US writer Paul Fussell, who died in 2012 was a well-respected academic military historian.


Fussell is unusual for an academic in that he also served in WW2 as an infantry Lieutenant. His best-known book, The Great War and Modern Memory, provides a picture of the horrors of WW1. Key points:

  • He outlines the cold stupidity of WW1 leaders.

  • And looks at the different myths, themes and literature of WW1.

  • Argues that romanticising the war ended up creating a sense of disillusion and distrust of authority.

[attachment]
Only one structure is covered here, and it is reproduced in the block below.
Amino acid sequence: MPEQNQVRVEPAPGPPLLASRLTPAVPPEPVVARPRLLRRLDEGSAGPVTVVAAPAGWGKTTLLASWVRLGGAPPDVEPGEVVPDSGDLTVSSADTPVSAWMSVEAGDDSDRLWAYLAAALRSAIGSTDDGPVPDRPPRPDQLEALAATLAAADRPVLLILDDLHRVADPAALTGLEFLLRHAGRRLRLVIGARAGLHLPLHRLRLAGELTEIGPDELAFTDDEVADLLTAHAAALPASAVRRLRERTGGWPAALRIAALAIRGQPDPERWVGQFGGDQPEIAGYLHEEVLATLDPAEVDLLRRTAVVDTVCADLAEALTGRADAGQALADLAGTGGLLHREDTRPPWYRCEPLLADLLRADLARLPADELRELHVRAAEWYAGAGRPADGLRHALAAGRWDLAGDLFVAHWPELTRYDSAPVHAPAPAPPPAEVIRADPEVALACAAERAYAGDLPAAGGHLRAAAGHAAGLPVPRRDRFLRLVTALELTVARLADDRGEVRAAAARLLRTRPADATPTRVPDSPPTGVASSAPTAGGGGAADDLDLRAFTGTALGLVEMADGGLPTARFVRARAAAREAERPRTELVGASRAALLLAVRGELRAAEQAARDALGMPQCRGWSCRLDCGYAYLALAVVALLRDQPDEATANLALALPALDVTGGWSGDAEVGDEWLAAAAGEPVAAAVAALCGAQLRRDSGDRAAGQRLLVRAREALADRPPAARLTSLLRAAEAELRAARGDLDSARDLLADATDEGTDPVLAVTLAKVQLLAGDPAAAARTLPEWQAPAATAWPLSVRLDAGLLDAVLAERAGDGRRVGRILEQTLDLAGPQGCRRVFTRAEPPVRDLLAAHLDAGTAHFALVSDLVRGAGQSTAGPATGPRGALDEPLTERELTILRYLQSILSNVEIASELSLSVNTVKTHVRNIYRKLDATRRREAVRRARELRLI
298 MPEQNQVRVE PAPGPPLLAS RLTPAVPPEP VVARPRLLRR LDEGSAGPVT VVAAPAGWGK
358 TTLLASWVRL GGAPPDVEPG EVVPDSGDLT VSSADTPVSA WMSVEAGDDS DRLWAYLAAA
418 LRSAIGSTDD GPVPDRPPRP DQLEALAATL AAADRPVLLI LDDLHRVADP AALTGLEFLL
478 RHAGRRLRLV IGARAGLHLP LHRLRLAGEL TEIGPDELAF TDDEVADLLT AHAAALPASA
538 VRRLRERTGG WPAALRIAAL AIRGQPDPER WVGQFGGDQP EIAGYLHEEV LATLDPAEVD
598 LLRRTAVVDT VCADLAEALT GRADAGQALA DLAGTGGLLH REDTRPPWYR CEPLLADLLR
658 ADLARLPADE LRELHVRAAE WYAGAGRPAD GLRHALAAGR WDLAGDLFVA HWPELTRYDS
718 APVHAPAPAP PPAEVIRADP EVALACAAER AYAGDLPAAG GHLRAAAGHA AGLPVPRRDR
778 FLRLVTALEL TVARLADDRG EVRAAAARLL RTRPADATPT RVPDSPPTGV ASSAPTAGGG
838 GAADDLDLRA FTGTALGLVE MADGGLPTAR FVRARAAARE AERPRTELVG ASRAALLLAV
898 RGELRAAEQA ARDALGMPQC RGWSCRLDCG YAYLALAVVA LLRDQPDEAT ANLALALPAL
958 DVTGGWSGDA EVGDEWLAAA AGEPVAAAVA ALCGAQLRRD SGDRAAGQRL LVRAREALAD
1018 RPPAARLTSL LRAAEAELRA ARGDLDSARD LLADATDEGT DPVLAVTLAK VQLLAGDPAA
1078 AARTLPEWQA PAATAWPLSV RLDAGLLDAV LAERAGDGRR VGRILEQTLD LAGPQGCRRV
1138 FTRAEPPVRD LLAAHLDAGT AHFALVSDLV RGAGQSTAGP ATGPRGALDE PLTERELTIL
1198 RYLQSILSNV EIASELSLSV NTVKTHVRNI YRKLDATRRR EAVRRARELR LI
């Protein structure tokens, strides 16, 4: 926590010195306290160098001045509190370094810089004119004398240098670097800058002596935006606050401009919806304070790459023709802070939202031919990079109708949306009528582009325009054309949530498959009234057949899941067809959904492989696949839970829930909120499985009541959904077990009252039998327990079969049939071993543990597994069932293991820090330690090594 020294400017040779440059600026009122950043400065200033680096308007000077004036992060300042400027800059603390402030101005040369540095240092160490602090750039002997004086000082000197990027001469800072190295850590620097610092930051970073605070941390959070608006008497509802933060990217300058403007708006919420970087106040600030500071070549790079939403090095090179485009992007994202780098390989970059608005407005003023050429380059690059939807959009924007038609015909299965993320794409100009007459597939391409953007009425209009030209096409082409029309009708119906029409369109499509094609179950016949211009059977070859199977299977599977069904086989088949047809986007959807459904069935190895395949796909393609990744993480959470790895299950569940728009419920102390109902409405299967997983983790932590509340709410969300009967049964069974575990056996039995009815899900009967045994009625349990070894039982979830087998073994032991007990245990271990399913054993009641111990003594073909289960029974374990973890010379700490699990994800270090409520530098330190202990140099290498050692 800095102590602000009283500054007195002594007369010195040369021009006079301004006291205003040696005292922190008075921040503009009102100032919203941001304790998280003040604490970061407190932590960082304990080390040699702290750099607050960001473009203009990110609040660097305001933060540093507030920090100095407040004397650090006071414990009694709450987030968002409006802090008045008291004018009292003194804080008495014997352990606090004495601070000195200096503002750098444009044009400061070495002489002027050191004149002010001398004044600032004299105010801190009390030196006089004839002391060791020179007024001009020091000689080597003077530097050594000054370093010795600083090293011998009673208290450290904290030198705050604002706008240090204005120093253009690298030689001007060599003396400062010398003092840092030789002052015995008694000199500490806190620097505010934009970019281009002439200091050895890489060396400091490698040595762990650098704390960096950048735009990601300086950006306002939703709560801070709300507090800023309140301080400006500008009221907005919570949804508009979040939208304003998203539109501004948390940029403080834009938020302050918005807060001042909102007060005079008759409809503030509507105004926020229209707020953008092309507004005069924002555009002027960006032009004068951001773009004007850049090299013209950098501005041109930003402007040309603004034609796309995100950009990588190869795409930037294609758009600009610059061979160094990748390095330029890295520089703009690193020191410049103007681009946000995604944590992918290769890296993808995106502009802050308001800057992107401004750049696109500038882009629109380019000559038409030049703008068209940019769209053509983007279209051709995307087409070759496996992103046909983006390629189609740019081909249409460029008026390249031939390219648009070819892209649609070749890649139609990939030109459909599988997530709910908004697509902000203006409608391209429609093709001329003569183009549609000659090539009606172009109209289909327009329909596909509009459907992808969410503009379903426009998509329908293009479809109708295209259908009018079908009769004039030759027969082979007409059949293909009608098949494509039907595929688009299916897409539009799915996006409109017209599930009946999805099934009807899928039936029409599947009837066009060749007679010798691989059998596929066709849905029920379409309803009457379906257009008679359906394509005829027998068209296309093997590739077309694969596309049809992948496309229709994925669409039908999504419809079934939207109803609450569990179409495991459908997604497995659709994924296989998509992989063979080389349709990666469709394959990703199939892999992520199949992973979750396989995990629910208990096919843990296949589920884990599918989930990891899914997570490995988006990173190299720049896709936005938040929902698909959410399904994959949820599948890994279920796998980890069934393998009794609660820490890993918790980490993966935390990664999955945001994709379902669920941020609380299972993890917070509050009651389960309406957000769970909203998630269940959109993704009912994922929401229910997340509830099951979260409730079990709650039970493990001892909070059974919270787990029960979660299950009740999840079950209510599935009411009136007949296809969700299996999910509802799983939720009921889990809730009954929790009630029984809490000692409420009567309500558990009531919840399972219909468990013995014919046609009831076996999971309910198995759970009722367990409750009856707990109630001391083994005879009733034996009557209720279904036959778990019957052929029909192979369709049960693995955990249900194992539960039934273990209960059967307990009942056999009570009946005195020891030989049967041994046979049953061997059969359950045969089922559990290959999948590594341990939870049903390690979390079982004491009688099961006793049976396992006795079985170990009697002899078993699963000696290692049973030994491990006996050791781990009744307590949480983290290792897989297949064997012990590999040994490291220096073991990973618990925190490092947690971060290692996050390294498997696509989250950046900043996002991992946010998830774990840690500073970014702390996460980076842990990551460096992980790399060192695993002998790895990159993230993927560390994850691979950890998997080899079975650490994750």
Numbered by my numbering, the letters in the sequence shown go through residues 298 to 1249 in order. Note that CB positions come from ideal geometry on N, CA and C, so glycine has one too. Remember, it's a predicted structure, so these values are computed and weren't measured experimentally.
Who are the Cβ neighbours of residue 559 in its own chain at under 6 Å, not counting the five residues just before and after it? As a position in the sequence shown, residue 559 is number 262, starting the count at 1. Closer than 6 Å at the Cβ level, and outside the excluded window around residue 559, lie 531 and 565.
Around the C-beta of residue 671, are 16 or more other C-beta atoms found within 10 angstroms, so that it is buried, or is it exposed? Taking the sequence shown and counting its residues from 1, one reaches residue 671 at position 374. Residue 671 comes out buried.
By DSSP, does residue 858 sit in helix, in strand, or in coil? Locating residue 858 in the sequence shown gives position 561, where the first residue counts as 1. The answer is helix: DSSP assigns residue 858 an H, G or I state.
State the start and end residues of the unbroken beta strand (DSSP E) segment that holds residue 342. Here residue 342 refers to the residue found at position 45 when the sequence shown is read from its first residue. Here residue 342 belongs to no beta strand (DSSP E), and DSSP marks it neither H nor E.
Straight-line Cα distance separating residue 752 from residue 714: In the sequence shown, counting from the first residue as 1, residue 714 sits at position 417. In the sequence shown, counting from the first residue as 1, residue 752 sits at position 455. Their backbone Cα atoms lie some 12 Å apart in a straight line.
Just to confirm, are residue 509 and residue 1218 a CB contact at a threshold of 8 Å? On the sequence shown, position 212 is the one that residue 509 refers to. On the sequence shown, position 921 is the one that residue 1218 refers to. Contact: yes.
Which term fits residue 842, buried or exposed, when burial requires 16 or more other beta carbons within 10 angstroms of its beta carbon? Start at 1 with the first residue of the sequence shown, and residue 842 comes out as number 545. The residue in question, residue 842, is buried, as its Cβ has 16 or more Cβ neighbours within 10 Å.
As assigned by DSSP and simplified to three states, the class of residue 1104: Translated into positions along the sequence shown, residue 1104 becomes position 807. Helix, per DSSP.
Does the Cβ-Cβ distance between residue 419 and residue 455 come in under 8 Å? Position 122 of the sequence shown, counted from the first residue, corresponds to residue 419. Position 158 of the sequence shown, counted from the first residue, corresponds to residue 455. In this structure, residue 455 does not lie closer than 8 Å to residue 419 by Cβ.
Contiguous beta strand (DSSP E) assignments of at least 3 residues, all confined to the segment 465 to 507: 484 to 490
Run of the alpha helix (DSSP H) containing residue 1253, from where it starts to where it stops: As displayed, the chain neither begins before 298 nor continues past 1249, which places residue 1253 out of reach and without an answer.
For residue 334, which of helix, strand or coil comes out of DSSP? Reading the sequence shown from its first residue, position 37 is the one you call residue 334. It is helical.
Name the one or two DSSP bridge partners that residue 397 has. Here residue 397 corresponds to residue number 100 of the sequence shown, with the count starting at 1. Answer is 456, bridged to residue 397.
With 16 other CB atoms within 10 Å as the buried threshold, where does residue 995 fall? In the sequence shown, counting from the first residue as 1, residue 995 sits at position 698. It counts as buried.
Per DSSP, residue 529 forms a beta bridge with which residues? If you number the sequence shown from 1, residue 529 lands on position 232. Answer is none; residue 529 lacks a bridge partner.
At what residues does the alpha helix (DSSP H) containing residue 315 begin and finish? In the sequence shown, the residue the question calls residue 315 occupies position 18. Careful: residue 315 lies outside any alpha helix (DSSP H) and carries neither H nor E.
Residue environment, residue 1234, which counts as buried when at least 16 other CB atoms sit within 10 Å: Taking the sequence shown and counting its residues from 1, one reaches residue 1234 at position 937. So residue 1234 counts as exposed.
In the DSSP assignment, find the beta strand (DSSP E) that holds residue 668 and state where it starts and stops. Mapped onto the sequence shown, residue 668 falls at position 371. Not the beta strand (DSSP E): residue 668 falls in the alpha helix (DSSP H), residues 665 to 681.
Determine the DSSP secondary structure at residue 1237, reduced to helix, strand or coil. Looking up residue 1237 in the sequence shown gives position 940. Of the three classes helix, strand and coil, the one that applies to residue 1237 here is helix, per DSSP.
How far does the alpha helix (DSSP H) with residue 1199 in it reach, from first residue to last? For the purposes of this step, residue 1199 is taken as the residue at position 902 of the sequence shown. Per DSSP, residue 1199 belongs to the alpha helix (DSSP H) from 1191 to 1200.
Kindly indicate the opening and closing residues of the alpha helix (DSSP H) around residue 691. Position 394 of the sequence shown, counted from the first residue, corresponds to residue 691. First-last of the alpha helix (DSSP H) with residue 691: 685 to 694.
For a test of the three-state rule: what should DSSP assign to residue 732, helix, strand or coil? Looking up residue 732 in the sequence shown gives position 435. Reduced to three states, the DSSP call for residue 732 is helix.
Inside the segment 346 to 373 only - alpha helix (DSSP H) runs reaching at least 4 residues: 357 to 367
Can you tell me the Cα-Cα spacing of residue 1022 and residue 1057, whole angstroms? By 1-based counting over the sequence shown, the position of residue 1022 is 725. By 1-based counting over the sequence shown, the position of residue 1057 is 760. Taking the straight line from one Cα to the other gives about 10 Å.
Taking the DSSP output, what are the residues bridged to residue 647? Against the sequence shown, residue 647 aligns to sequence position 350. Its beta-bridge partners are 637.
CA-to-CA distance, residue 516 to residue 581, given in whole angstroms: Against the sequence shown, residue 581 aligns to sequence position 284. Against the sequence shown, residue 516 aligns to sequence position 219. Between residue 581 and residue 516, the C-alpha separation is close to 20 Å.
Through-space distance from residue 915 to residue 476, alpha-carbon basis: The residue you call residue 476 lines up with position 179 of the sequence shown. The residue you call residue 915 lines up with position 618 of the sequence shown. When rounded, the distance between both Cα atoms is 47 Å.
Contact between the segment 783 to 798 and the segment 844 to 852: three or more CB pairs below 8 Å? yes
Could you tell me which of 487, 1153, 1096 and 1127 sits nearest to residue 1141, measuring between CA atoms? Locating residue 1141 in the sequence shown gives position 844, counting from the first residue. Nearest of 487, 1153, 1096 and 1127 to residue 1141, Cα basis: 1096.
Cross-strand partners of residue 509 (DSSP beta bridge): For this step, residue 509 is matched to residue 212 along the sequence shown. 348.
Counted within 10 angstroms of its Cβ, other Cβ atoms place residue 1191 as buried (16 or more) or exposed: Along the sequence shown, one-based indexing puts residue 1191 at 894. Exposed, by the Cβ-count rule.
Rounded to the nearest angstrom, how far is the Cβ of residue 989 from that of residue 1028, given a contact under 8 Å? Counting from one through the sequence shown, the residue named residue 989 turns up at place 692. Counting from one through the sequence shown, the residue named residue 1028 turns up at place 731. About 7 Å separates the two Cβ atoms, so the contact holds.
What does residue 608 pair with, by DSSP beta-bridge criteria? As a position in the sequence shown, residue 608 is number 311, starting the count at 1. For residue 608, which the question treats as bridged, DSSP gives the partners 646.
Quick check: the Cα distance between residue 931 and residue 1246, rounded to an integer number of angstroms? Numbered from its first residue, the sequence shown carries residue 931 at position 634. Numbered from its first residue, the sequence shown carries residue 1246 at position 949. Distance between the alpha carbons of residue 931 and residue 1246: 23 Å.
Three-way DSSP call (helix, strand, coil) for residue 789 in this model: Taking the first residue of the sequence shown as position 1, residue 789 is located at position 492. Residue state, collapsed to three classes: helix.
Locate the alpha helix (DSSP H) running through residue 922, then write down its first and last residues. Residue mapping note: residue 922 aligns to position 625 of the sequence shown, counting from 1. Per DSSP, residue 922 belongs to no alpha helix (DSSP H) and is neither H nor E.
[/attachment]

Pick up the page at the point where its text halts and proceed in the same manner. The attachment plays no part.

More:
• He was influenced by his own experiences in WW2 where, on his first morning on a battlefield, he awoke surrounded by corpses.

  • Wounded, awarded a Purple Heart and Bronze Star.

  • Convinced only those who had experienced battle could write military history.

  • The Great War and Modern Memory has parallels with the Vietnam War.

  • One of his most famous essays is: Thank God for the Atom Bomb.

  • During WW2, Fussell's unit had fought through Germany and suffered considerable casualties.

  • His unit had been warned out for deployment to the Pacific to prepare for the invasion of Japan.

  • Such an invasion was expected to result in enormous casualties for American troops and British troops. 

Other works from Fussell include: